In my customer discussions, I have learned that organizations are increasingly choosing to do their big data in the cloud. At the same time, many organizations that initially implemented their big data on premises are looking to move their big data instances to the cloud, as well.
Amazon Elastic MapReduce (EMR) represents an alternative to on premises by providing a Hadoop framework that actually eliminates some of the work out of initiating a Hadoop instance from scratch. This matters because 32% of business executives in a recent IDG survey found a lack of technical depth to be a major impediment to success with big data.
EMR allows businesses to process data across a dynamically scalable Amazon EC2 instance and run distributed frameworks, including Apache Spark, HBase, Presto and Flink. At the same time, it can make use of data within AWS data stores, including Amazon S3 and Amazon DynamoDB. Since the big data software is already installed and configured by Amazon, businesses can spend their time improving the quality of their big data without worrying about infrastructure and administrative tasks.
However, Amazon EMR’s native security prevents many users from taking their big data to the cloud, and as importantly, making use of Amazon’s out-of-the-box solutions, including log analysis, web indexing, data transformations (ETL), machine learning, financial analysis, scientific simulation and bioinformatics.
According to the IDG survey mentioned earlier, significant concerns exist for public cloud big data around compliance, data governance and data security. These concerns are exacerbated unless sensitive data is permanently deidentified. And many are in fact doing this.
This approach, of course, does not work for many use cases, especially those where the data becomes tied to a predictive model. So wouldn’t it be great if you could take advantage of Hadoop while not increasing the potential of an unwanted data release?
If you could eliminate the data security risk, you could follow what is becoming a well-proven path of data analysis. In the last few years, there has been a dramatic increase in number of organizations running their big data workloads in the public cloud. This movement of big data workloads from on-premises to the cloud is due to the high total cost of ownership for on-premises Hadoop clusters.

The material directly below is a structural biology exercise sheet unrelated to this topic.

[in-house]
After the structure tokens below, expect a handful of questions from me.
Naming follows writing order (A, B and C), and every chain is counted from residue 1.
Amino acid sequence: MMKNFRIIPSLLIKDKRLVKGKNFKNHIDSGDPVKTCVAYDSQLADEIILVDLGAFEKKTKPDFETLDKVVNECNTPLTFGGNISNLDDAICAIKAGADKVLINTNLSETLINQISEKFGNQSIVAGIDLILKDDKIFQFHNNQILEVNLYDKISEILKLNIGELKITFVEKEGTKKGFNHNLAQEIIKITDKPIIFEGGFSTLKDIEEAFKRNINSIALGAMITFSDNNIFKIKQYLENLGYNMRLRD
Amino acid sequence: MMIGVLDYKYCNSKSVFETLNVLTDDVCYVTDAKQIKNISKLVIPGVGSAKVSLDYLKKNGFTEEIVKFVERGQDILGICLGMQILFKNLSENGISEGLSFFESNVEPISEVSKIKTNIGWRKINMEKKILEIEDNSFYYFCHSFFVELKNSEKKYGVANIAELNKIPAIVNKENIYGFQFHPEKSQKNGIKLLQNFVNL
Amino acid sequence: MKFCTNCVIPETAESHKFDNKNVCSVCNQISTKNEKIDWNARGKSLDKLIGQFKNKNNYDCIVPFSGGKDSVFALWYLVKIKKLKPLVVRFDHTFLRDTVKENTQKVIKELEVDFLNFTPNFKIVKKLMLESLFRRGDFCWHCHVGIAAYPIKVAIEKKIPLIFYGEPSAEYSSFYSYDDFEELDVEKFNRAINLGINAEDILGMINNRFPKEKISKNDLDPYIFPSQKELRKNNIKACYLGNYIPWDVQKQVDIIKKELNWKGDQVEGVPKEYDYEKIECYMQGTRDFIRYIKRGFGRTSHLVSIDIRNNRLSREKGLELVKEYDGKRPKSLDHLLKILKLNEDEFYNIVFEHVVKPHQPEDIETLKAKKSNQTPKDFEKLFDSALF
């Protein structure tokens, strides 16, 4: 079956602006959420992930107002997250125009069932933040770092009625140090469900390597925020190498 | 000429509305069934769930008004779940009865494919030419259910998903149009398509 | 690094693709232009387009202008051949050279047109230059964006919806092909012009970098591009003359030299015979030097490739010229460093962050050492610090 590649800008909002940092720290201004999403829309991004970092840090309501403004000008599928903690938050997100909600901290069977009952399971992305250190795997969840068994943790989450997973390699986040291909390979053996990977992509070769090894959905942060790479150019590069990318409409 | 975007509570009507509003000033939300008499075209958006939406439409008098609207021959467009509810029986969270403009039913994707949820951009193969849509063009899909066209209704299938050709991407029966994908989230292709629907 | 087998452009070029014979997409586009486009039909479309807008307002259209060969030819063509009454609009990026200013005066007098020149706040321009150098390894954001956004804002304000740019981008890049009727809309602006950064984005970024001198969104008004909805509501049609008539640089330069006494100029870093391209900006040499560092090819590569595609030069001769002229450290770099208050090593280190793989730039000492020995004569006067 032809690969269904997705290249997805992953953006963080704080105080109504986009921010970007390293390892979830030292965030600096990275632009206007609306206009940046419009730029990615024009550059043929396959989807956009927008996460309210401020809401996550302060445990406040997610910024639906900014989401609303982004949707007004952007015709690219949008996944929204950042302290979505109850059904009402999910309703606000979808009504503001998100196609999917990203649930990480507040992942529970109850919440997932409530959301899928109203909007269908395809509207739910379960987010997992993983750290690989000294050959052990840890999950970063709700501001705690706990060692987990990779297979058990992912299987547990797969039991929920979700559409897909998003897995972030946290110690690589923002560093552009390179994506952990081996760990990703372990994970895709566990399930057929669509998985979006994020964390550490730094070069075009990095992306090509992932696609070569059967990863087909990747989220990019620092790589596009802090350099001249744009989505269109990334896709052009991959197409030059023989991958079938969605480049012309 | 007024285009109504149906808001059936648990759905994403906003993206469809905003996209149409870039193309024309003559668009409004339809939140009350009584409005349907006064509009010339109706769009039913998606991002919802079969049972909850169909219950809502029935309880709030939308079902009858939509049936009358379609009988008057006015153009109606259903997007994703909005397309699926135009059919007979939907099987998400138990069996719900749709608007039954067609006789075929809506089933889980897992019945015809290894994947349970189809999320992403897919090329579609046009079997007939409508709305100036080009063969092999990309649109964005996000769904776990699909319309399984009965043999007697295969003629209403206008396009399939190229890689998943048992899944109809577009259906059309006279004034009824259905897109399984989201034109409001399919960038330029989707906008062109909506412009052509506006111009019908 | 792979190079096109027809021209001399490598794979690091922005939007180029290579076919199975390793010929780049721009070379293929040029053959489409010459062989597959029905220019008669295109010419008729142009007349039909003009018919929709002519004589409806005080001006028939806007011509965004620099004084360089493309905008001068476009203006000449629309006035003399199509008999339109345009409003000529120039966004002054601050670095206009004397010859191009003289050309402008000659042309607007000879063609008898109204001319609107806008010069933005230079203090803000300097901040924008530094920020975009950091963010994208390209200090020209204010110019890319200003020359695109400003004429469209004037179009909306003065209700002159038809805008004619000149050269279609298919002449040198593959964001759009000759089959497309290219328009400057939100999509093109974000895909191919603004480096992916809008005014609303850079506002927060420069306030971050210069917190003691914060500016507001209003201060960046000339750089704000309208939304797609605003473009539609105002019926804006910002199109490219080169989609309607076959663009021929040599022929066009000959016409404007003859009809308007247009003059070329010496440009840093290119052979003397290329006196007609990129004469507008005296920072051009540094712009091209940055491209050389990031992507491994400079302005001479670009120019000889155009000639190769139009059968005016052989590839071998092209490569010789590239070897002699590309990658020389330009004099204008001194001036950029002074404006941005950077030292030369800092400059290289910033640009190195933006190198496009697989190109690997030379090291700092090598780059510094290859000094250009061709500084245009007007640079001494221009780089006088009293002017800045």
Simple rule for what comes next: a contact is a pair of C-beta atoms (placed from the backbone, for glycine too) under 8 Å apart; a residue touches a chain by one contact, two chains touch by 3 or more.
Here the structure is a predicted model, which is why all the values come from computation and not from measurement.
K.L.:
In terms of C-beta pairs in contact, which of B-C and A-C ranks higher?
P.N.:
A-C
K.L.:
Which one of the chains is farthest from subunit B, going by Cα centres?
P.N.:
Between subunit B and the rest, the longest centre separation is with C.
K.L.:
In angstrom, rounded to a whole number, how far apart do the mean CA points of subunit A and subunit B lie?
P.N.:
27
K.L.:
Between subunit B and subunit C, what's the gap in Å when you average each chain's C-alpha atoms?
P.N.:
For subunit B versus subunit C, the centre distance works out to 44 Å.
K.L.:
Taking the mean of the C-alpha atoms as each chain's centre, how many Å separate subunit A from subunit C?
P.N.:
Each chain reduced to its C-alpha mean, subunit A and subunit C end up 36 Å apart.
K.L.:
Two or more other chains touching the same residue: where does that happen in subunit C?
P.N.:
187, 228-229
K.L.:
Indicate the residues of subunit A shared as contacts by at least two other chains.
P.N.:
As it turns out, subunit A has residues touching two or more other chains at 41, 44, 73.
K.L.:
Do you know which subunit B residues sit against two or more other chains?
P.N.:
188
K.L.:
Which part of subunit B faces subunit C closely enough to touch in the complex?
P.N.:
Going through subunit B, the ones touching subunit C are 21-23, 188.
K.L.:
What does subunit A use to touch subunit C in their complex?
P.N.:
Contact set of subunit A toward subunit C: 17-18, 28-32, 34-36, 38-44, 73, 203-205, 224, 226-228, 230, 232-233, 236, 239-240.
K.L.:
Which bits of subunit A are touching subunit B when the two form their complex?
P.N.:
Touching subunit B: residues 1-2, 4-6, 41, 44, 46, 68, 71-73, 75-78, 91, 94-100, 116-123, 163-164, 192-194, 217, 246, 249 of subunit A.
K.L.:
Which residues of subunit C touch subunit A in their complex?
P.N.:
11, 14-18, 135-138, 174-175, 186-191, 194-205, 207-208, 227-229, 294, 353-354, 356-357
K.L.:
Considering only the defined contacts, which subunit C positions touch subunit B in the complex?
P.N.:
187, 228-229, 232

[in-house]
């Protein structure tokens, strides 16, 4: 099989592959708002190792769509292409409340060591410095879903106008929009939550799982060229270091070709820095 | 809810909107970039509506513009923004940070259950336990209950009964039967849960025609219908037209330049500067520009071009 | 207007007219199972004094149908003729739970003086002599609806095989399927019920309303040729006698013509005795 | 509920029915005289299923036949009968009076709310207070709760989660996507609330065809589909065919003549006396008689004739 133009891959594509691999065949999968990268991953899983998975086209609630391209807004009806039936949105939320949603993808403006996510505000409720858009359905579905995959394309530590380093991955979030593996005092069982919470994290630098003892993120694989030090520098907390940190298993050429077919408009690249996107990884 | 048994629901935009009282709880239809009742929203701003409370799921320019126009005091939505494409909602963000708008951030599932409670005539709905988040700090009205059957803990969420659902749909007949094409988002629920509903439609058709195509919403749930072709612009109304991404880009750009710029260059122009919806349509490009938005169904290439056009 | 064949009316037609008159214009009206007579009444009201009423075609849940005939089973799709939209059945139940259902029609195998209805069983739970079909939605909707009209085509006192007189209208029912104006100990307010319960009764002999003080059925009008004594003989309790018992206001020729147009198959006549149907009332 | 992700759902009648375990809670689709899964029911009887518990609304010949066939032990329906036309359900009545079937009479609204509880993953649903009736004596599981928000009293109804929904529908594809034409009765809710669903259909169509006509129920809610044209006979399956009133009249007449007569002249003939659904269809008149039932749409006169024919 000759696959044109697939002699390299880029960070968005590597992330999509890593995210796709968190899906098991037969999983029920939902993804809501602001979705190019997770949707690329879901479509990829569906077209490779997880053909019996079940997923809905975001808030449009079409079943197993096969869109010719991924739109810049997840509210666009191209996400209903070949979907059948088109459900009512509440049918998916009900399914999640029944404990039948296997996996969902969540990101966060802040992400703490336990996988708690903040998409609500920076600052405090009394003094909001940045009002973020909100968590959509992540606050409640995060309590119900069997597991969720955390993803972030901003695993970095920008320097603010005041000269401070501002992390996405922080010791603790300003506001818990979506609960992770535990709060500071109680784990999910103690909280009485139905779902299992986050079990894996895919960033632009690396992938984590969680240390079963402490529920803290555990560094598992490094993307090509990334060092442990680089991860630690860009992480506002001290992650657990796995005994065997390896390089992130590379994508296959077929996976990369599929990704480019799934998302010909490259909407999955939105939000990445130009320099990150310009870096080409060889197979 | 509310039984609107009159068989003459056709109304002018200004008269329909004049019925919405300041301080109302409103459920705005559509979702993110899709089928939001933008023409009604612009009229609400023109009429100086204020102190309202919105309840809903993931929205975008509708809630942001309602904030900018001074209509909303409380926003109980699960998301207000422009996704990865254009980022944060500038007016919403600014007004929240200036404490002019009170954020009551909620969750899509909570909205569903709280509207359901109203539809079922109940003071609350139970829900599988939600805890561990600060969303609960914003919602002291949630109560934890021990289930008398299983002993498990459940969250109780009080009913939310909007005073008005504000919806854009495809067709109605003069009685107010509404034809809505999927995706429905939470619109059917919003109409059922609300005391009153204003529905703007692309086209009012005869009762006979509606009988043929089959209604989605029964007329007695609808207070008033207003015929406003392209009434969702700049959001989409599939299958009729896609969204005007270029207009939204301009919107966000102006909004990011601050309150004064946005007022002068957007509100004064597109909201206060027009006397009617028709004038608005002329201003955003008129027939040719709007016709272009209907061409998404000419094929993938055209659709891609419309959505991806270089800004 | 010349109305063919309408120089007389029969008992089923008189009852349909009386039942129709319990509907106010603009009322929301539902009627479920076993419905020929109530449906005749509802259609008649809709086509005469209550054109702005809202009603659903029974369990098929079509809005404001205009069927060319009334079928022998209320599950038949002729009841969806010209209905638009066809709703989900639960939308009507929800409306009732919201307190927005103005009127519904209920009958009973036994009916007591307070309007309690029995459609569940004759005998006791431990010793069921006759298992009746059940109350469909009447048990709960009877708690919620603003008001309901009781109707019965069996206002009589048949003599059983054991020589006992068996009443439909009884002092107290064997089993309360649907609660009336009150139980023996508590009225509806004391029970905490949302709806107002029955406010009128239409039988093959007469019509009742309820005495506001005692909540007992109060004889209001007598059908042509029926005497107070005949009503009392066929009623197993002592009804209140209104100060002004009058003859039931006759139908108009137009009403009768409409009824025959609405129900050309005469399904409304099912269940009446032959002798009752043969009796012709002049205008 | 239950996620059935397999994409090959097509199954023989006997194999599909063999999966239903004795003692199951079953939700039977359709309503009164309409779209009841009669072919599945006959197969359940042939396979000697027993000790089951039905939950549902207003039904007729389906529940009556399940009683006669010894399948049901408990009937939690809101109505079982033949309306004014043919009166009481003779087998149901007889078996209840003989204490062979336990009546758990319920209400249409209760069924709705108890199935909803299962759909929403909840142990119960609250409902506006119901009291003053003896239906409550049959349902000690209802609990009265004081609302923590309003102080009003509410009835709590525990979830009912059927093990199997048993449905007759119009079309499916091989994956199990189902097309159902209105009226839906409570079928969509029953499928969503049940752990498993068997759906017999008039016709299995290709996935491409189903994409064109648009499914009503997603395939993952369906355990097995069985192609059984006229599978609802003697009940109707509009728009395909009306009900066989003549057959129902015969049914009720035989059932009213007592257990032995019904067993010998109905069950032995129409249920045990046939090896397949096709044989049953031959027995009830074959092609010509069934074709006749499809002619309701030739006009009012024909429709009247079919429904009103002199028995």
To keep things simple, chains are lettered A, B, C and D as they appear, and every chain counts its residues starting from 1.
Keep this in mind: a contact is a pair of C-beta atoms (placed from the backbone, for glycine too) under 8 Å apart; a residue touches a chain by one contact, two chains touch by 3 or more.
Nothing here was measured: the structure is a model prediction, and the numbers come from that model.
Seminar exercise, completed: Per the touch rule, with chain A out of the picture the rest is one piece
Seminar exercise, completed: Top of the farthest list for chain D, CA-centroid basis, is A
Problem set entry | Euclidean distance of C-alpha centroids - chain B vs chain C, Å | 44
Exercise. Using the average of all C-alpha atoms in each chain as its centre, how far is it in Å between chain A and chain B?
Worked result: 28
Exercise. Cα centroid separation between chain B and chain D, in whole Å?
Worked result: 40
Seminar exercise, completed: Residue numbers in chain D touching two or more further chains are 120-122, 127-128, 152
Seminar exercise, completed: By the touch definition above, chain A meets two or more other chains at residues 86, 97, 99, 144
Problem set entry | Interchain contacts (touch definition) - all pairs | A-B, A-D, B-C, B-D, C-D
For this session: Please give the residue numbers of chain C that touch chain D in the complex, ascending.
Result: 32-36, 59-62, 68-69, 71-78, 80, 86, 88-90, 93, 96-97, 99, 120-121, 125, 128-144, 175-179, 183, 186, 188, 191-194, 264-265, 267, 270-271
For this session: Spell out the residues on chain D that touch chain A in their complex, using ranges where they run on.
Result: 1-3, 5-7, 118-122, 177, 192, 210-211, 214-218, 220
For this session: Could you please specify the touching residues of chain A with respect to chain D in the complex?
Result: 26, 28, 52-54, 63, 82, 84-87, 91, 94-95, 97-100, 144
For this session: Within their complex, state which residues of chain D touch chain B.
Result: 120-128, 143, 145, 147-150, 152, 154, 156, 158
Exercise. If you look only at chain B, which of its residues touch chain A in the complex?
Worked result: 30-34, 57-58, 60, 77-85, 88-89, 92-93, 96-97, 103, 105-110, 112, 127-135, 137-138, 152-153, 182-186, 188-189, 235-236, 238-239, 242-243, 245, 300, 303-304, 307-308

To my surprise, Amazon claims that AWS EMR is now running more workloads than both Cloudera and Hortonworks. By leveraging Amazon S3 as central data hub for big data workloads, users can process big data sets at scale.
The problem is that big data implementations typically contain significant amounts of sensitive PII or PHI data. To operate with these data in the public cloud or even on premises, it is essential that this data is protected. What is needed is an architecture where EMR can consume protected data from S3. In this model, we can also consider EMR as a transient compute platform that is spun up and spun down as analytical results are required. The advantage being that you have massively powerful compute platform on an as-needed basis. What is missing, as we have been saying, is ability to protect data flows as they move in and out of EMR.
It always makes business sense to start by using the native protections provided within EMR and S3. But adding to them the ability to directly protect the data flow in and out of EMR, which provides the protection that regulated industries require. In other words, if hackers break into Amazon, they do not get your valuable sensitive data.
For those in regulated industry, this provides the kind of protection needed to securely lift and shift data your big data to the cloud. And the good news is that there are now multiple providers that can help you secure your data in Amazon. So what is stopping you?